The next day we entered the lake, [342] which is of great extent, say eighty or a hundred leagues long, where I saw four fine islands, ten, twelve, and fifteen leagues long, which were formerly inhabited by the savages, like the River of the Iroquois; but they have been abandoned since the wars of the savages with one another prevail. There are also many rivers falling into the lake, bordered by many fine trees of the same kinds as those we have in France, with many vines finer than any I have seen in any other place; also many chestnut-trees on the border of this lake, which I had not seen before.
There is also a great abundance of fish, of many varieties: among others, one called by the savages of the country _Chaousarou_ [343] which varies in length, the largest being, as the people told me, eight or ten feet long. I saw some five feet long, which were as large as my thigh; the head being as big as my two fists, with a snout two feet and a half long, and a double row of very sharp and dangerous teeth. Its body is, in shape, much like that of a pike; but it is armed with scales so strong that a poniard could not pierce them. Its color is silver-gray. The extremity of its snout is like that of a swine. This fish makes war upon all others in the lakes and rivers. It also possesses remarkable dexterity, as these people informed me, which is exhibited in the following manner. When it wants to capture birds, it swims in among the rushes, or reeds, which are found on the banks of the lake in several places, where it puts its snout out of water and keeps perfectly still: so that, when the birds come and light on its snout, supposing it to be only the stump of a tree, it adroitly closes it, which it had kept ajar, and pulls the birds by the feet down under water. The savages gave me the head of one of them, of which they make great account, saying that, when they have the headache, they bleed themselves with the teeth of this fish on the spot where they suffer pain, when it suddenly passes away.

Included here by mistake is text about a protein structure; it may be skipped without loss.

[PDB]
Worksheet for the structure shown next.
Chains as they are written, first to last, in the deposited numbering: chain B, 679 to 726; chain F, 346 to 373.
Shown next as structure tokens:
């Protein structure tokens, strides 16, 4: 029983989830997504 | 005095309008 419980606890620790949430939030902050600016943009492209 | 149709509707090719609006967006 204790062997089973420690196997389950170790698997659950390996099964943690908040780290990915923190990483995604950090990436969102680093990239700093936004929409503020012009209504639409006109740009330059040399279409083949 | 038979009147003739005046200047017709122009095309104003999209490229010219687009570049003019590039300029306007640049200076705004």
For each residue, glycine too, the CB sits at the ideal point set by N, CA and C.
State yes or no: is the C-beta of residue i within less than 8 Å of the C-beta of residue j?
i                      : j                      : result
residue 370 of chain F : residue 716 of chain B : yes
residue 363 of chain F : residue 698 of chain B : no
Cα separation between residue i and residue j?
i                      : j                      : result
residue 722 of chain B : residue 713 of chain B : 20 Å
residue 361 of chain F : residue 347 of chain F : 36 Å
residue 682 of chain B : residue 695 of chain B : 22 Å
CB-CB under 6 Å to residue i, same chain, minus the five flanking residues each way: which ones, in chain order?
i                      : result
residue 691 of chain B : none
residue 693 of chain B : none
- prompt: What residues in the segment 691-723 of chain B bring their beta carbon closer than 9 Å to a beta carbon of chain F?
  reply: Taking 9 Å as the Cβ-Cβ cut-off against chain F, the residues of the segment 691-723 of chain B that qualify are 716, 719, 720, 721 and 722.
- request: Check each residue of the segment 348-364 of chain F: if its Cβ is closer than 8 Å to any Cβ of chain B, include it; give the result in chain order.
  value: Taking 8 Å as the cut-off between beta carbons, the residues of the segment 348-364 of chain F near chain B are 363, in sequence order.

Don't those two accounts sound similar?  From what I've read, experts have no idea what species of fish Champlain describes.  Nothing in the fossil record seems to fit.   Lake monsters indeed.    Maybe so!  Might there be some left?  Could these monsters have given rise to the legend of Champ?  

My only experience with Champ happened around 1980.  I invited my sisters boyfriend to sail with me on the lake.  We just left land when he cried out, "Look!  There's Champ!"   I looked and saw nothing.  "Where," I demanded.  "Right there," he pointed, "See his neck and head coming out of the water."  I looked where he pointed.  It was a cormorant and it was only 20 feet away.  This young man had never been on a boat before and thus had no feeling for judging distance and size on the water.


Sunday, September 11, 2011

Signs of Fall

Lower Lake Champlain

We woke up Sunday morning to a very fall like day. The previous night had been cold but the morning was pleasant. A layer of fog obscured the mountain tops. It made us feel like we were in a confined space.

Yesterday, we saw a V-flight of geese going over. That's the first time in several years that we saw that sight. In previous Octobers sailing on Champlain I remember seing the sky almost blackened by the huge number of geese and having the sound of their incessant honking becoming louder than the sound of wind and water. In recent years however, we migrate south before the geese migration arrives and in the spring we come north after the geese leave southern waters. I guess the V we saw yesterday were trailblazers.